As a reporter working in Wisconsin, you should be aware that our state has a very strong open records law, both in the statutes passed by the state legislature and in the case law where the open records law has been tested in court. In Wisconsin, there is a presumption that reporters and private citizens should have very broad access to public records.
NOTE: The person requesting the record does not need to give their name, the organization they represent, nor the reason for the record request. While it is customary to do so, it is not required by law.
You should know that the law applies only to public records, and not to private companies – unless the record pertains to a contract between the private company and a governmental body. You must make your request for a public record to the authority which created the record, or, from the authority which has custody of the record. For example: a city or village may have contracted with a private company for assessments. The assessment record should be requested from the municipality.
You can make an open records request orally (in person or on the phone) or in writing, but be aware that a written request requires a written response from the custodian of the record. And, before any enforcement action can be taken, a written request is required. It’s easy to do it in writing and you can easily download a template here at the Freedom of Information Council website. All you have to do is reasonably describe the record or information you want. If you make the request in writing and get denied, the custodian’s denial must be in writing and must include specific reason(s) for the denial.
Another source for information about our state’s open meetings and open records law is the Legal Services part of the State Justice Department’s website. You can find links to download pdf’s with brief summaries and information to help you when you’re working on a story.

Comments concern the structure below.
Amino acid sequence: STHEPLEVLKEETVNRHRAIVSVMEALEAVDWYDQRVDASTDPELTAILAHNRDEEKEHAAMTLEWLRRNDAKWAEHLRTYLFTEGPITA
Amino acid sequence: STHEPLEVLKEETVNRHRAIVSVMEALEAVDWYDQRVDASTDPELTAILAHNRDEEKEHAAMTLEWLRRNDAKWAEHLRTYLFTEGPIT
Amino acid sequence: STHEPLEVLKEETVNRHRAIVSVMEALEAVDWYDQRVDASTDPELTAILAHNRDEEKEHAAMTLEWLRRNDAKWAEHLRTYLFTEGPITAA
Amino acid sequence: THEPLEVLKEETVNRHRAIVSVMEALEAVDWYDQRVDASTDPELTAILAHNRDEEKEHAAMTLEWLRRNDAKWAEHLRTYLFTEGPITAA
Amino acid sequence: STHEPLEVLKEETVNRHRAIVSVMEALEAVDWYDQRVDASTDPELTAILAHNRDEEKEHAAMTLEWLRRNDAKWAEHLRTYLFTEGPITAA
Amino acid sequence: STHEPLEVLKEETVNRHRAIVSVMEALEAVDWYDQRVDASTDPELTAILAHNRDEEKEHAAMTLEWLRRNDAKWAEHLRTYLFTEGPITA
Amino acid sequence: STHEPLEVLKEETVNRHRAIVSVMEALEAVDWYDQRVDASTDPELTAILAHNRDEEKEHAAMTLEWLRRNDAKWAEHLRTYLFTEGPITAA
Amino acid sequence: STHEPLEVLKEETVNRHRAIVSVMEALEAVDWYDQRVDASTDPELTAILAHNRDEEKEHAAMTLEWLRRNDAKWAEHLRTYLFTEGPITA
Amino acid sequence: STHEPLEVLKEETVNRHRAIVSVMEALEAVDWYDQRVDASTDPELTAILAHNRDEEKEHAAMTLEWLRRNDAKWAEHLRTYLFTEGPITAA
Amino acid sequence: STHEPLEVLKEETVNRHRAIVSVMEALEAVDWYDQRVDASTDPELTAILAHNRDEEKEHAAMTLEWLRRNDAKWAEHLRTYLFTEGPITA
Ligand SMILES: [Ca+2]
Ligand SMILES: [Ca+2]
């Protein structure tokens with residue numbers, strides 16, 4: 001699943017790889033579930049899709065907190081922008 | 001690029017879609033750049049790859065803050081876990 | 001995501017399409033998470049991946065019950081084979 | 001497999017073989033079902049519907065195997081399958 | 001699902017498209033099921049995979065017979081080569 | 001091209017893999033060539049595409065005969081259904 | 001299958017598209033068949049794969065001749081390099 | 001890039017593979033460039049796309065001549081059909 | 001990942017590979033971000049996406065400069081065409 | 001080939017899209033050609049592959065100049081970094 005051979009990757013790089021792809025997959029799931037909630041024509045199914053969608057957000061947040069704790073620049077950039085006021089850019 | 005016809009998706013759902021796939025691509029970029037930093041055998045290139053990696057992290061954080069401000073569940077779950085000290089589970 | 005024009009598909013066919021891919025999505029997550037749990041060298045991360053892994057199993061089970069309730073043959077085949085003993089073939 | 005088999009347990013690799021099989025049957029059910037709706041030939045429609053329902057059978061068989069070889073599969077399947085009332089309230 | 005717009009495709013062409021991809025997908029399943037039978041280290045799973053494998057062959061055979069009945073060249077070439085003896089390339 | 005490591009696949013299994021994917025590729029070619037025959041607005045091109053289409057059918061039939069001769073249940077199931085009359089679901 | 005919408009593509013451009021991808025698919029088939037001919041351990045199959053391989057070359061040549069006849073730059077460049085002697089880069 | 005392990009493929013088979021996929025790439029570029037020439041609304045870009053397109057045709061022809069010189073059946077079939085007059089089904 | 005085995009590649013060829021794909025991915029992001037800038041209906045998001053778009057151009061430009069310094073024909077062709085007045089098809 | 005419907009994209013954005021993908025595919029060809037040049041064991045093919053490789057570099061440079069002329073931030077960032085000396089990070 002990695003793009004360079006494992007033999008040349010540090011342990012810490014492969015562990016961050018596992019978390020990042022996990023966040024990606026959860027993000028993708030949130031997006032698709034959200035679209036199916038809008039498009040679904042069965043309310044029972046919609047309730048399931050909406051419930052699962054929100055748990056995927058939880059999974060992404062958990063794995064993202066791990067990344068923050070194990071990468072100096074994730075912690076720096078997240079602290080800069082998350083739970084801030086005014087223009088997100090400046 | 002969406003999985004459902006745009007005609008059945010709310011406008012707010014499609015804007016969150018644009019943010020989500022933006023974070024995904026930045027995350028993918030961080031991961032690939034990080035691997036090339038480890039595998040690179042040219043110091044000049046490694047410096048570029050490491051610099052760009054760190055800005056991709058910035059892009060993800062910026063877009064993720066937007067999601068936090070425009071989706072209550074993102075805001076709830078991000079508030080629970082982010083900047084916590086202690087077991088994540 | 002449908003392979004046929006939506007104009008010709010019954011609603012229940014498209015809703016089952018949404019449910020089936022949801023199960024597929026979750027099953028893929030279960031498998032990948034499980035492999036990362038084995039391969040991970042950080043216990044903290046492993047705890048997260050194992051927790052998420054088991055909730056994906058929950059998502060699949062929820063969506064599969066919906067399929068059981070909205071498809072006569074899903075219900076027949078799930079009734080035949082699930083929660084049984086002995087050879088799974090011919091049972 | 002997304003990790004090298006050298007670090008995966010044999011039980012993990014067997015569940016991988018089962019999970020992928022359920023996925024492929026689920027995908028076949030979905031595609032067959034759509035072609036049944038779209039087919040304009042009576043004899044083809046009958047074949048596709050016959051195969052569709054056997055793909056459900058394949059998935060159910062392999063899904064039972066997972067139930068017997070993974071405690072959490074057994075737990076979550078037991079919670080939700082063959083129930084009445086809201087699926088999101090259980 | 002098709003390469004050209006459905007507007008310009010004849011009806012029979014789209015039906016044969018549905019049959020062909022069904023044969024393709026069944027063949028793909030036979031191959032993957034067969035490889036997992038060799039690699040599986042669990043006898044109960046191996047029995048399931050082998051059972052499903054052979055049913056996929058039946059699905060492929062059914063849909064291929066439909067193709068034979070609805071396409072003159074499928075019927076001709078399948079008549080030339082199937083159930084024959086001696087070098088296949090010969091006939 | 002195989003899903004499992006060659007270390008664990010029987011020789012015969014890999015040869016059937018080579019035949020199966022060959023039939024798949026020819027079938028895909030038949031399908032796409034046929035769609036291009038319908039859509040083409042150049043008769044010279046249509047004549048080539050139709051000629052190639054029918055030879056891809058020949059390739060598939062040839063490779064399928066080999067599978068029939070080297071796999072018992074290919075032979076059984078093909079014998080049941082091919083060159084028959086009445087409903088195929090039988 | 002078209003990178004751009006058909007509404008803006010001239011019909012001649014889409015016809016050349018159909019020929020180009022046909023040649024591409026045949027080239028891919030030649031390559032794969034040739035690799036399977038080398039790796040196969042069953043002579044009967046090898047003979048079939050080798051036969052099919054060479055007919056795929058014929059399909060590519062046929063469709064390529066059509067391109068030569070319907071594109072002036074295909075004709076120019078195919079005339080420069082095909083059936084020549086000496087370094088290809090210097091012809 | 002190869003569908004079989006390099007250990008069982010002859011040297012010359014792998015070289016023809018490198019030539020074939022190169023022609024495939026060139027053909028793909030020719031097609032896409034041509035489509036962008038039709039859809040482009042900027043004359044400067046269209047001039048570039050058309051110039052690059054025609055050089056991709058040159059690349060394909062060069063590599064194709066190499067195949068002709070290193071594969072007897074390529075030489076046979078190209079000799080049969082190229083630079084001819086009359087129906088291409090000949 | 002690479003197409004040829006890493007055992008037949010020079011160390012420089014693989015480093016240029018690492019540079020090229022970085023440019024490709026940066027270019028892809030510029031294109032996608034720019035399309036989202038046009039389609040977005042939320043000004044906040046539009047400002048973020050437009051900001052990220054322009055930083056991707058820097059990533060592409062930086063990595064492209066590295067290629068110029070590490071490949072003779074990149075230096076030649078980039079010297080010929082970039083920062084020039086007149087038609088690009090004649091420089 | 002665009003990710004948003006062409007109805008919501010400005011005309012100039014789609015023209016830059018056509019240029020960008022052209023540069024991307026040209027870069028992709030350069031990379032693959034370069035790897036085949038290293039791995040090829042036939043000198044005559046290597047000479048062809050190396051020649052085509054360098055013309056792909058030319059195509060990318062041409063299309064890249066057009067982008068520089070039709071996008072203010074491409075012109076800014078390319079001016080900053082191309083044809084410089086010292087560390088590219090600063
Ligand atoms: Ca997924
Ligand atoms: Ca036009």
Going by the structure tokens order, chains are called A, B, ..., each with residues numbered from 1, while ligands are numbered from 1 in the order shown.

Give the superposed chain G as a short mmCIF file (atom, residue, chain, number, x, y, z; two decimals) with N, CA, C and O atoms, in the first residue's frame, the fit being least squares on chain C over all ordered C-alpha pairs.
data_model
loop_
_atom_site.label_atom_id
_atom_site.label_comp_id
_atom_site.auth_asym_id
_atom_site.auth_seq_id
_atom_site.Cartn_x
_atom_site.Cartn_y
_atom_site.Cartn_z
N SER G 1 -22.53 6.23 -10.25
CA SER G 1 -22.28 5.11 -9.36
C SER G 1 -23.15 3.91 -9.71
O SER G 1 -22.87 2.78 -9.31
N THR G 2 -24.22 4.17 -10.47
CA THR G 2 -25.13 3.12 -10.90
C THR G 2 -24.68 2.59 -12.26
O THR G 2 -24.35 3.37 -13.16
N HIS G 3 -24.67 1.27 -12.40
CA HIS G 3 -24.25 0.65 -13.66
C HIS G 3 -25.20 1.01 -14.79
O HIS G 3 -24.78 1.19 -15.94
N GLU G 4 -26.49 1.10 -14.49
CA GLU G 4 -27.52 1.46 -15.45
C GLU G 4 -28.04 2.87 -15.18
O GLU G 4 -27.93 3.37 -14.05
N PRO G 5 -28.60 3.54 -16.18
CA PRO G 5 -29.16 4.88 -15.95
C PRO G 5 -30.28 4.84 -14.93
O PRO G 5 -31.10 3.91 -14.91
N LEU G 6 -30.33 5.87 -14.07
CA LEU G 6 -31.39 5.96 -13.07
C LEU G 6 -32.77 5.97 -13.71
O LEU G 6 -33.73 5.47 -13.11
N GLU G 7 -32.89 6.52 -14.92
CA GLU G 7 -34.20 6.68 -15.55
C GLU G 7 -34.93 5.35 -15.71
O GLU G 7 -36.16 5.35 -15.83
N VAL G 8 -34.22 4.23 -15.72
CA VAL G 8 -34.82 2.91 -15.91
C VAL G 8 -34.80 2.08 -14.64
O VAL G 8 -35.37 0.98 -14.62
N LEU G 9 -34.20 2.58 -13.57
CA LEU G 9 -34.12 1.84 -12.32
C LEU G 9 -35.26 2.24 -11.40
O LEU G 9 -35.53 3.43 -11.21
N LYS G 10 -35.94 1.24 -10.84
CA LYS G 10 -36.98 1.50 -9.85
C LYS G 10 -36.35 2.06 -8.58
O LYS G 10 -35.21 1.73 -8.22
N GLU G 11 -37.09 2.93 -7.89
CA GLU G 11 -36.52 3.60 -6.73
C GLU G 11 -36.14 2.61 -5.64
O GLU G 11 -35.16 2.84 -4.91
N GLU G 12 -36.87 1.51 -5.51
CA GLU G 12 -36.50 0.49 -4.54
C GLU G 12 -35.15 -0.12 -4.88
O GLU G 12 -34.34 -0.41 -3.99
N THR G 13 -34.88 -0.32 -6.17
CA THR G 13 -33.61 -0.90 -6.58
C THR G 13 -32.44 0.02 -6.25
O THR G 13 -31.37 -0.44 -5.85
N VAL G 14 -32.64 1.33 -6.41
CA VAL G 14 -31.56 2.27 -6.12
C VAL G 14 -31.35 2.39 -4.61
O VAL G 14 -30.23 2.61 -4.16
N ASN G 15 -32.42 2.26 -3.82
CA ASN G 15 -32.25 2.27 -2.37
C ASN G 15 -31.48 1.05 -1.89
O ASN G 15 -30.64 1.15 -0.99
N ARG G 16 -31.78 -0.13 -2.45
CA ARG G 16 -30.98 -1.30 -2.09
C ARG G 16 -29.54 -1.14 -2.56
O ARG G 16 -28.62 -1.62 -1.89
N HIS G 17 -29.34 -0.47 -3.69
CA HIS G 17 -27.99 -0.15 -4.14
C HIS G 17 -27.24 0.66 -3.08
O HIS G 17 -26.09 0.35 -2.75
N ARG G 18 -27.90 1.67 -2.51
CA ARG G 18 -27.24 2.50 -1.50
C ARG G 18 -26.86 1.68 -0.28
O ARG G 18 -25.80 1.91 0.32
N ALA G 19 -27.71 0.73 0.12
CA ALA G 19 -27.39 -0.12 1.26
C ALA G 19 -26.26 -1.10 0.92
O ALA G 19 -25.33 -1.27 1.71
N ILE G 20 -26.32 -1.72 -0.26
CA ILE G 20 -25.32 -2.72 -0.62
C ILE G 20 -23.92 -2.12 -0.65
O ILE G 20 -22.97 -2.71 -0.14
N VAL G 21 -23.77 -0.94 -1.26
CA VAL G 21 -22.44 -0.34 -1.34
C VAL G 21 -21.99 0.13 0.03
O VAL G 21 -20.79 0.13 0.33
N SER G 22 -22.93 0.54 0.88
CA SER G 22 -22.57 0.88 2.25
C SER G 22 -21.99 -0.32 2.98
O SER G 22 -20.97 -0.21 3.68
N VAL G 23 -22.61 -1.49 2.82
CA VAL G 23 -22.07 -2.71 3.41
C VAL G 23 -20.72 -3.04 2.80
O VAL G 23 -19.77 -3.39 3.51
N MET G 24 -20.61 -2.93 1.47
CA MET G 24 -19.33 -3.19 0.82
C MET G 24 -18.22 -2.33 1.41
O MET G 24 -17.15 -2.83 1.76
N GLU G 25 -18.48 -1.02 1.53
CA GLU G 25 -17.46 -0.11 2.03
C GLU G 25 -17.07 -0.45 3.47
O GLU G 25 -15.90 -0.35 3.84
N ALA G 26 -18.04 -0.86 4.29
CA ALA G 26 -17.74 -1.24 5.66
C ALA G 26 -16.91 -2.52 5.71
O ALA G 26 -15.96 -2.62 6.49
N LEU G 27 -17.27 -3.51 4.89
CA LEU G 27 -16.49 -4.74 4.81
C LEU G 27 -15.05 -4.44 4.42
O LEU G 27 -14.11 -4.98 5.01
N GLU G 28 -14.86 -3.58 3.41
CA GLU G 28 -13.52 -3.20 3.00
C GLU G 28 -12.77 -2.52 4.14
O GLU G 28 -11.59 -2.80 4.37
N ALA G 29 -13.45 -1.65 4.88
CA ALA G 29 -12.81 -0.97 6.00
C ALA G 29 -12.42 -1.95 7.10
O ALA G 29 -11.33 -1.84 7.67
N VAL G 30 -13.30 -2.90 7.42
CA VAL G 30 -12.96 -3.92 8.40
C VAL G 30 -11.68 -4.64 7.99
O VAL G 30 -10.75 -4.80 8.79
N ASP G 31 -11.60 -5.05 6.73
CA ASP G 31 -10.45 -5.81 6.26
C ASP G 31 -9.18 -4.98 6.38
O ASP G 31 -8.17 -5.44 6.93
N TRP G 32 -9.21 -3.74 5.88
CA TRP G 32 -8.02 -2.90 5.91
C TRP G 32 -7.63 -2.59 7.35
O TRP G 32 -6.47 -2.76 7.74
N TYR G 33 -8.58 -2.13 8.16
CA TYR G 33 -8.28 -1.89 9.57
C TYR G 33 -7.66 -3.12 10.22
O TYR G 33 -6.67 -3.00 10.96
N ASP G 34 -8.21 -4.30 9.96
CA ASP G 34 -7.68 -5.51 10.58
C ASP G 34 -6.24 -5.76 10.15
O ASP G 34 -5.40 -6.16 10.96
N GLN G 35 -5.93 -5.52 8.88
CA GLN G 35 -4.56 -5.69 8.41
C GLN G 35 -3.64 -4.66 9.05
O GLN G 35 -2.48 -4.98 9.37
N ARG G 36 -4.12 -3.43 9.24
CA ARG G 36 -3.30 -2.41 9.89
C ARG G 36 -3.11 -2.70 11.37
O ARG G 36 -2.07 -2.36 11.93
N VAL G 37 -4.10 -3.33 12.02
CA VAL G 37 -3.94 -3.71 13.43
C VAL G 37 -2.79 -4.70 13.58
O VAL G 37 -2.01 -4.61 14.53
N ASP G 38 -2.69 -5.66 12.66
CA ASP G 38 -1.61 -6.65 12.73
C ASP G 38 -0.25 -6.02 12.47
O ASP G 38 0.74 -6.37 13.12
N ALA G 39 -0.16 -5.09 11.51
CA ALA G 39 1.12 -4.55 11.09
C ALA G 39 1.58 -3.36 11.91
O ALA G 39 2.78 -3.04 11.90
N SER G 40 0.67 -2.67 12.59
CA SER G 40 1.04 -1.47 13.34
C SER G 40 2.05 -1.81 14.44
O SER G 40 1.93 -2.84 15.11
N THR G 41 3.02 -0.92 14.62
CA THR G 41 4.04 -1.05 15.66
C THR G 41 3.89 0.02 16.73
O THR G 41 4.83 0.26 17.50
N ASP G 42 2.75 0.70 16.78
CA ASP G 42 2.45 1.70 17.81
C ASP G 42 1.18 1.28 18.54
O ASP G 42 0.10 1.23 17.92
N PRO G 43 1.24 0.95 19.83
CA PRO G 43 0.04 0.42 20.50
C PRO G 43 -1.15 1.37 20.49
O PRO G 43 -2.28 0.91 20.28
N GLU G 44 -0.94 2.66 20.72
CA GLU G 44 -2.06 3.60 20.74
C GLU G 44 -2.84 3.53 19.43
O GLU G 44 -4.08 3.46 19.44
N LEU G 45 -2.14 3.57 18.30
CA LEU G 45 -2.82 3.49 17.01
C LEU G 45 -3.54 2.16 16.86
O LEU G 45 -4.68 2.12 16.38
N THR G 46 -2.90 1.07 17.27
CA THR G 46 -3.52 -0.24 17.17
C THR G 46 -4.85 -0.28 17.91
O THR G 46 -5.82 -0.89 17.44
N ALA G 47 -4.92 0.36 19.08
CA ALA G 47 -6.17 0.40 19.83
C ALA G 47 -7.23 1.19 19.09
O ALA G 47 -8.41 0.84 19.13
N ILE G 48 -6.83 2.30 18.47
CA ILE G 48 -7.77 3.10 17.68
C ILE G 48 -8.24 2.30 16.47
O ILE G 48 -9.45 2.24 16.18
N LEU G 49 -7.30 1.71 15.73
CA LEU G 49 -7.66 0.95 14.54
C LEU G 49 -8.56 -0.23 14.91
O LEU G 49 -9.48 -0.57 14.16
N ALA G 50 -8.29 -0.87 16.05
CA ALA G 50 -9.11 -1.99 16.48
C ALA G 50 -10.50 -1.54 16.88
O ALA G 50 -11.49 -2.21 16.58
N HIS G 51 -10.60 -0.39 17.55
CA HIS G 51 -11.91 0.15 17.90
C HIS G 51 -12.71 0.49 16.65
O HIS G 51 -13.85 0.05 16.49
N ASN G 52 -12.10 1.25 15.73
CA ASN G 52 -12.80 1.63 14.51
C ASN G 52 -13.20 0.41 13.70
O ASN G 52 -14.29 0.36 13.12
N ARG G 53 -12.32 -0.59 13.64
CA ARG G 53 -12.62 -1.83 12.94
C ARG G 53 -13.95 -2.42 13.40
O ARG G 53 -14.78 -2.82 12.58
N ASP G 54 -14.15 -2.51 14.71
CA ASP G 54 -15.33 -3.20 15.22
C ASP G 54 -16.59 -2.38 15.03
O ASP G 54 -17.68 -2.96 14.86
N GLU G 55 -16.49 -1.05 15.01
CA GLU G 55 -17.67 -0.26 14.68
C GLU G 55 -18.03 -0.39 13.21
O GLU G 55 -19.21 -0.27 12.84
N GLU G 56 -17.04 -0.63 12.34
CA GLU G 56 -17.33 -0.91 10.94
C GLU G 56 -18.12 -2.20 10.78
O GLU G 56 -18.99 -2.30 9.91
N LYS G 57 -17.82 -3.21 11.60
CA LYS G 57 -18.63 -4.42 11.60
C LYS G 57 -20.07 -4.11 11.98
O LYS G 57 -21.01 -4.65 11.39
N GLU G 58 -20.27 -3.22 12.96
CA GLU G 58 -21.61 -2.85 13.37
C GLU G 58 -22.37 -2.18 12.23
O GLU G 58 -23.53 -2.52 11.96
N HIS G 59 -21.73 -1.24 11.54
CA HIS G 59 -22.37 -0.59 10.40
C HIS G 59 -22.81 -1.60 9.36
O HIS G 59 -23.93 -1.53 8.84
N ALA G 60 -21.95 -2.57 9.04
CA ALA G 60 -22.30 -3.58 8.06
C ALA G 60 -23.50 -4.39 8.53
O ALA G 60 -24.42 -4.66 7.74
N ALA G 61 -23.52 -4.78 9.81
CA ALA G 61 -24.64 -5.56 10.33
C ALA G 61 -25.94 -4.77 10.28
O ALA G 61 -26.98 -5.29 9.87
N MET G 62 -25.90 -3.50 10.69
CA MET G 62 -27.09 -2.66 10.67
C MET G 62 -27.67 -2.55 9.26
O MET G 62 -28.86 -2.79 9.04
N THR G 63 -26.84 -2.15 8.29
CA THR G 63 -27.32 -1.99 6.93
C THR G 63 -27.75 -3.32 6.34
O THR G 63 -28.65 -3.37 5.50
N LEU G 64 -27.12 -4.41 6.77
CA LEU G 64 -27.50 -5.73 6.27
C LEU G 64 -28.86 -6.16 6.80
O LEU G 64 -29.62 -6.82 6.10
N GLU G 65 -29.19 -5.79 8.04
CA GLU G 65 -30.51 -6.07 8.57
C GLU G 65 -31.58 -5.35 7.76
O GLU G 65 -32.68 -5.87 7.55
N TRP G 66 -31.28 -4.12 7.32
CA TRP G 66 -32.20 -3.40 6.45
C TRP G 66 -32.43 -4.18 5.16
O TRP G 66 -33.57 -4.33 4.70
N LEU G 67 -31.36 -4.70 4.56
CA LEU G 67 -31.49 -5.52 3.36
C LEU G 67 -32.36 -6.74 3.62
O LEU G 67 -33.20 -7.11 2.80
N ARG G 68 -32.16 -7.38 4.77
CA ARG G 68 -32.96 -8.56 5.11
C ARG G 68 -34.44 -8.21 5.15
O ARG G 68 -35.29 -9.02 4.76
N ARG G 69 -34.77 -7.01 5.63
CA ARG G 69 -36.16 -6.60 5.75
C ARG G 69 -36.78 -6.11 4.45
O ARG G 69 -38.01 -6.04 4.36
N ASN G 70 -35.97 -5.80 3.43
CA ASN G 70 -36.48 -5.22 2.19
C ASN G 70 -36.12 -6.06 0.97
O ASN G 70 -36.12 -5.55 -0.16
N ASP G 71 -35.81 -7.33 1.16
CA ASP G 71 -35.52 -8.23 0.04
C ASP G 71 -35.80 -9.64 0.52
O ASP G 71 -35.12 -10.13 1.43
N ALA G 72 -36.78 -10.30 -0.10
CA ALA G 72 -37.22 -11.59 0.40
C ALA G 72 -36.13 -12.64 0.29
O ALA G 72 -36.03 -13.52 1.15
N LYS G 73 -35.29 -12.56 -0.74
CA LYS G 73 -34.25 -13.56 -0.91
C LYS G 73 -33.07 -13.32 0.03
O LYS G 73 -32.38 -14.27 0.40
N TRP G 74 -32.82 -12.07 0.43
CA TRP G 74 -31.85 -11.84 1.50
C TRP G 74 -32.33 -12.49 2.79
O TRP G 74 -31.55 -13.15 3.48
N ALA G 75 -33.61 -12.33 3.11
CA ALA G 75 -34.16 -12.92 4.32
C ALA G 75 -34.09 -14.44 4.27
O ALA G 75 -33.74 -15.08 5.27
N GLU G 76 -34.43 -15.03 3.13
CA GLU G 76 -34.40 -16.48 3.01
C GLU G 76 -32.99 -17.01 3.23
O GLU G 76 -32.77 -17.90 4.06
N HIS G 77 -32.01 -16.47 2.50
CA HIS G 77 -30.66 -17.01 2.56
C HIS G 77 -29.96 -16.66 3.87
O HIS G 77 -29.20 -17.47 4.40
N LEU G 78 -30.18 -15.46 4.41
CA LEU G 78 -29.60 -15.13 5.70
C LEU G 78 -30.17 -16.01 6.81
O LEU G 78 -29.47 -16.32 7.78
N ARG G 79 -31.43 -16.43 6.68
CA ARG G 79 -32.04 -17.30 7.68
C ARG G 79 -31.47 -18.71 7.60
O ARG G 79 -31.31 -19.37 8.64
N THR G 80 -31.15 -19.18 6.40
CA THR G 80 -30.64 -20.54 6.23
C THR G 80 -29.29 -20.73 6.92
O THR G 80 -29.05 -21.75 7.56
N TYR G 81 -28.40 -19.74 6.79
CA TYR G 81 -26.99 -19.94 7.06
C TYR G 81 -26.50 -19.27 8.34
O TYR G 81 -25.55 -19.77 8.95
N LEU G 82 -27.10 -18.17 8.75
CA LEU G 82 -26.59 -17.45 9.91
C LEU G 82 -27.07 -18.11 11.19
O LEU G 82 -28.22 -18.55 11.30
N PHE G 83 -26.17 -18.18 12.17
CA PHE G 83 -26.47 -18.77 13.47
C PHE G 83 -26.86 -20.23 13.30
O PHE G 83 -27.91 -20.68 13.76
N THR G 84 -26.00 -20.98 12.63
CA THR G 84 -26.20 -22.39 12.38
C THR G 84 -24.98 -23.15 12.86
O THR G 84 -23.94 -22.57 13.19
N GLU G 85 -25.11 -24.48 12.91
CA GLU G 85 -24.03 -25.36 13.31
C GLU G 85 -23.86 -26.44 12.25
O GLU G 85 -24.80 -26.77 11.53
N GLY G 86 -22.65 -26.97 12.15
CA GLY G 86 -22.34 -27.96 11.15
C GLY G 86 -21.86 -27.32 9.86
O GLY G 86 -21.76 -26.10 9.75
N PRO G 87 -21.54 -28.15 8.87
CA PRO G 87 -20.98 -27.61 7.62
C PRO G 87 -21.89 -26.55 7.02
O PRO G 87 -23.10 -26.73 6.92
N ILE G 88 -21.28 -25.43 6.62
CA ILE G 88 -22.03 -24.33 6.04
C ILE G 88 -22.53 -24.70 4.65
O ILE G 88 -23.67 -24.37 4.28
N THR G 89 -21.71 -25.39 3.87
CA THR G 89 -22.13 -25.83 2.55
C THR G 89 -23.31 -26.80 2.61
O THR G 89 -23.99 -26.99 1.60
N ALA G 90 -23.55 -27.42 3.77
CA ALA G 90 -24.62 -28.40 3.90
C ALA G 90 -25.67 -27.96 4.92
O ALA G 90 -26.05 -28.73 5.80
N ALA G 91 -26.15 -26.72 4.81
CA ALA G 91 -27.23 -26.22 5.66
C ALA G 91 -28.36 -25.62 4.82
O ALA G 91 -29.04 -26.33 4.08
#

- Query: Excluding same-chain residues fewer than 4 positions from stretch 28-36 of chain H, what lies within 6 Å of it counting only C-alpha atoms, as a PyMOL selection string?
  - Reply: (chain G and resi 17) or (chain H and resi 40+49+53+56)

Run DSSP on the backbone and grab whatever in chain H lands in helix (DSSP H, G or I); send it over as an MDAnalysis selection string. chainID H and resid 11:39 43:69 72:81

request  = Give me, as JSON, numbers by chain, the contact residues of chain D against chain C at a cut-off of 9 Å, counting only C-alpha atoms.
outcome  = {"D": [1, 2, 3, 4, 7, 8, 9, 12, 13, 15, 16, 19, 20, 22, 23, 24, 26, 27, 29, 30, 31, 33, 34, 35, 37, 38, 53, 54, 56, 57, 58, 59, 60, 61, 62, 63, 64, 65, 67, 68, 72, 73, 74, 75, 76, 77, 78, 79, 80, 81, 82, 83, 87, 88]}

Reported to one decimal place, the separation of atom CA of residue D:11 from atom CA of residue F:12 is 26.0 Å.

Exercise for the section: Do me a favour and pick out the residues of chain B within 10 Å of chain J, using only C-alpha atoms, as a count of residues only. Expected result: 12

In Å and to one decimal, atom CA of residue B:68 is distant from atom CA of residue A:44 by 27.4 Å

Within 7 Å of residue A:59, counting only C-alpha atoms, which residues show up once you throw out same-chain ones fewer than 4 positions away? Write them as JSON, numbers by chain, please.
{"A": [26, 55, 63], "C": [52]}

The custodian of the record can charge you for providing the materials you request. But the law says the charge can be only the actual, necessary, and direct cost of reproduction and transcription of the record, unless a fee is otherwise specifically established or authorized by law. For example, it would be unreasonable for a records custodian to charge you five dollars a page for simply copying a few pages for you. A quarter a page is typical. A records custodian may also charge a fee for locating the record if the cost is $50 or more. You can easily learn more specifics about the allowable open records fees.
You do not have an absolute right to every record created by a public body. Things like trade secrets, identities of law enforcement informants, certain computer programs, and some personally identifiable information in public records are all protected by the law. For example, you don’t have a right to get copies of District Attorney’s investigative files.
There are grey areas in the law, and in such cases, a judge will apply a “balancing test”. The court must weigh the competing interests involved, and decide if permitting inspection would result in harm to the public interest which outweighs the policy that allows public inspection.
One way to learn more about Wisconsin’s Open Records Law is at the Wisconsin Freedom of Information Council website where you can easily get up-to-speed on the law, the way it has been interpreted, important case references, and even download a template which will assist you in making an official open records request.